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Enterprises struggle to learn Microsoft Sonic networking

Problems with Microsoft Sonic include a lack of management tools, weak support from hardware vendors and a steep learning curve for engineers, companies said at the OCP Virtual Summit.

Enterprises learning how to use Microsoft Sonic in a production environment often struggle with the lack of management tools for the open source network operating system.

Other challenges revealed this week during a panel discussion at the OCP Virtual Summit included weak support for Sonic hardware. Also, the panelists said engineers had to work hard to understand how to operate the software.

The companies that participated in the discussion included Target, eBay, T-Mobile, Comcast and Criteo. All of them plan to eventually make Sonic their primary network operating system in the data center.

In general, they are seeking vendor independence and more control over the development and direction of their networks. They expected to achieve network automation similar to Sonic customers Facebook and Microsoft, which built Sonic and gave it to the Open Compute Project (OCP) for further development.

Challenges with Microsoft Sonic

Target is at the tail end of its evaluation of Sonic. The retailer plans to use it to power a single super-spine within a data center fabric, said Pablo Espinosa, vice president of engineering. The company plans to put a small percentage of a production workload on the network operating system (NOS) in the next quarter.

Eventually, Target wants to use Sonic to provide network connectivity to hundreds of microservices running on cloud computing environments. Target has virtualized almost 85% of its data centers to support cloud computing.

Target's engineers have experience in writing enterprise software but not code to run on a NOS. Therefore, the learning curve has been steep, Espinosa said. "We're still building this muscle."

As a result, Target has turned to consultants to develop enterprise features for Sonic and take it through hardware testing, regression testing and more, Espinosa said.

Online advertising company Criteo was the only panel participant to have Sonic in production. The company is using the NOS on the spine and super-spine level in one of nine network fabrics, engineering manager Thomas Soupault said. The system has 64 network devices serving 3,000 servers.

Also, the company is building a 400 Gb Ethernet data center fabric in Japan that will run only Sonic. The network will eventually provide connectivity to 10,000 servers.

One of Criteo's most significant problems is getting support for low-level issues in the open hardware running the NOS. Manufacturers won't support any software unless required to in the contract.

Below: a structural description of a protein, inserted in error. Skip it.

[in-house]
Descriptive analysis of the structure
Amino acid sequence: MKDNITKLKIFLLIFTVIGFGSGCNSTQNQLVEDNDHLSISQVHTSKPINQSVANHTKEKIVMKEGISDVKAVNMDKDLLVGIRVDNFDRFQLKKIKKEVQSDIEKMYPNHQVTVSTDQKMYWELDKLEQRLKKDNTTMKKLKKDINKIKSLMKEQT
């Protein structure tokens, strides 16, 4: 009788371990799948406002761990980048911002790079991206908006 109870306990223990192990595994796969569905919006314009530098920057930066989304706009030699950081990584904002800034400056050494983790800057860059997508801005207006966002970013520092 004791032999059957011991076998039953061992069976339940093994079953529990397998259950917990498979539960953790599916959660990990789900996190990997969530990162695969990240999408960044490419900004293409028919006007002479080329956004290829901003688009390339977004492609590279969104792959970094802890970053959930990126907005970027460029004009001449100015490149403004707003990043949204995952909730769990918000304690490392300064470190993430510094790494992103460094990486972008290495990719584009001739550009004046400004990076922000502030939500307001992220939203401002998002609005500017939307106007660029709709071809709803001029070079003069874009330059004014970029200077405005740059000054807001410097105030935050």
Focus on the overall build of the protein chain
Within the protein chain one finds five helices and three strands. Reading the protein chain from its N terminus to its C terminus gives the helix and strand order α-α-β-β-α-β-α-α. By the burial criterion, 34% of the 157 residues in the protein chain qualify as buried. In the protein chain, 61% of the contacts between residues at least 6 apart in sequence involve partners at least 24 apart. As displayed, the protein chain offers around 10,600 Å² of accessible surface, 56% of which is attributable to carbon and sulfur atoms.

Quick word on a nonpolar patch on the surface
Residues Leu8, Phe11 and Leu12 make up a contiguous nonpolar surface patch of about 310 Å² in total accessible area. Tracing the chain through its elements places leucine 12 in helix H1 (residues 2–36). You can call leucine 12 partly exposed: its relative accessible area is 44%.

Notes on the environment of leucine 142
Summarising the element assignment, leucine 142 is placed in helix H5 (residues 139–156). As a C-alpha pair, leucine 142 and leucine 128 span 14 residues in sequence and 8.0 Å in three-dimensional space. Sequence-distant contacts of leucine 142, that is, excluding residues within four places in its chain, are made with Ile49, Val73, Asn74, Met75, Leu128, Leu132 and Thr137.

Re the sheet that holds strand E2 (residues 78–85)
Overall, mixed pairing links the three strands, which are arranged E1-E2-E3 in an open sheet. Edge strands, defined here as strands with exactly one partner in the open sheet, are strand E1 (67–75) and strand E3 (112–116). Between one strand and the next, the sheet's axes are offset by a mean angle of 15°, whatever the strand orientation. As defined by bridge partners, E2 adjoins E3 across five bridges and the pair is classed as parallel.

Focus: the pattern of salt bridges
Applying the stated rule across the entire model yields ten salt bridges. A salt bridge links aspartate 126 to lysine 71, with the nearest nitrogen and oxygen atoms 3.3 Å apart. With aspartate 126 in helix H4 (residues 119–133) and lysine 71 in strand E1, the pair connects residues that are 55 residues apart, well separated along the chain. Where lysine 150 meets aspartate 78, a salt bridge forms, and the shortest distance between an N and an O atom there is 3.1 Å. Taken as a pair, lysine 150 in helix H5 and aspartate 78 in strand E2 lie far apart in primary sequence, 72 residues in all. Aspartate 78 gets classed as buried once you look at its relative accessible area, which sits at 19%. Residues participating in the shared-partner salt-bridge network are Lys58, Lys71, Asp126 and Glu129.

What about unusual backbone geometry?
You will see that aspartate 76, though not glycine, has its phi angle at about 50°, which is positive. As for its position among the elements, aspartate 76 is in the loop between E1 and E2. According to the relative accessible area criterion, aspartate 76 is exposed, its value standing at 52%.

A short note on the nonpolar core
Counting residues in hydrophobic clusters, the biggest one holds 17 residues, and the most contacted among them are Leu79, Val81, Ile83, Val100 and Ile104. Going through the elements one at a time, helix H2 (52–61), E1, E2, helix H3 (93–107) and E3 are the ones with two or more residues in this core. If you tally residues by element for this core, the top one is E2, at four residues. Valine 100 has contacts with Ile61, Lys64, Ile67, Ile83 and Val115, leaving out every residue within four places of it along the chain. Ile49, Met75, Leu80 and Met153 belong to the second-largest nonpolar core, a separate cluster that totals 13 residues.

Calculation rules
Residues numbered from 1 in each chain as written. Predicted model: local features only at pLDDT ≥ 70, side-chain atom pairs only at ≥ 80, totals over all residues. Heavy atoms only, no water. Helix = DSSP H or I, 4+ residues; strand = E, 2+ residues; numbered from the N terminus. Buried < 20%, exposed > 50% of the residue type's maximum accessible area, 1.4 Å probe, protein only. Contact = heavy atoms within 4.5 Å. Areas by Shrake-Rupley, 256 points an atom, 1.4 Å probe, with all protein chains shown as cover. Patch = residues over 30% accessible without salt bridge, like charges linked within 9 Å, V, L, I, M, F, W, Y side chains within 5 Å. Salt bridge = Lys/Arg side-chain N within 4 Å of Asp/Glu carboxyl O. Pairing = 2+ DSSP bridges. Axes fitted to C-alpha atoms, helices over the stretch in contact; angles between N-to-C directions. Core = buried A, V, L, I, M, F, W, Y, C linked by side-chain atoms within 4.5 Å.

Therefore, companies should expect difficult negotiations over support for drivers, the software development kit for the ASIC, and the ASIC itself. Other areas of contention include the switch abstraction interface that comes with the device for loading the buyer's NOS of choice, Soupault said.

"It can be tricky," he said. "When we asked all these questions to manufacturers, we got some good answers, and some very bad answers, too."

Soupault stopped short of blaming manufacturers. Buyers and vendors are still struggling with the support model for Sonic. "If we could clarify this area, it might help others on Sonic" and boost adoption, he said.

Network management tools for Sonic are also in their infancy. Within eBay, developers are building agents and processes on the hardware for detecting problems with links and optics, said Parantap Lahiri, vice president of data center engineering at the online marketplace. However, discovering the problems is only the first step -- eBay is still working on tools for identifying the root cause of problems.

We hope that the community will come together to build the tools and make the product easier to manage [through] more visibility for the operations teams.
Yiu LeeVice president of network architecture, Comcast

Comcast is developing a repository for streaming network telemetry that network monitoring tools could analyze to pinpoint problems, said Yiu Lee, the company's vice president of network architecture. However, Comcast could use help from OCP members.

"We hope that the community will come together to build the tools and make the product easier to manage [through] more visibility for the operations teams," he said.

Some startups are trying to fill the void. Network automation startup Apstra announced at the summit support for Sonic-powered leaf, spine and super-spine switches.

Going slowly with Microsoft Sonic

The panelists advised companies that want to use Sonic to start with a low-risk deployment with a clearly defined use case. They also recommended choosing engineers who are willing to learn different methods for operating a network.

Lahiri from eBay suggested that companies initially deploy Sonic on a single spine within a group. That would provide enough redundancy to overcome a Sonic failure.

Soupault advised designing a network architecture around Sonic. Criteo is using the NOS in an environment similar to that of Facebook and Microsoft, he said. "Our use case is very close to what Sonic has been built for."

A company that wants to use the NOS also should be prepared to funnel the money saved from licensing into the hiring of people with the right skill sets, which should include understanding Linux.

Microsoft built Sonic on the open source operating system used mostly in servers. So, engineers have to know how to manage a Linux system and the containers inside it, Lahiri said.

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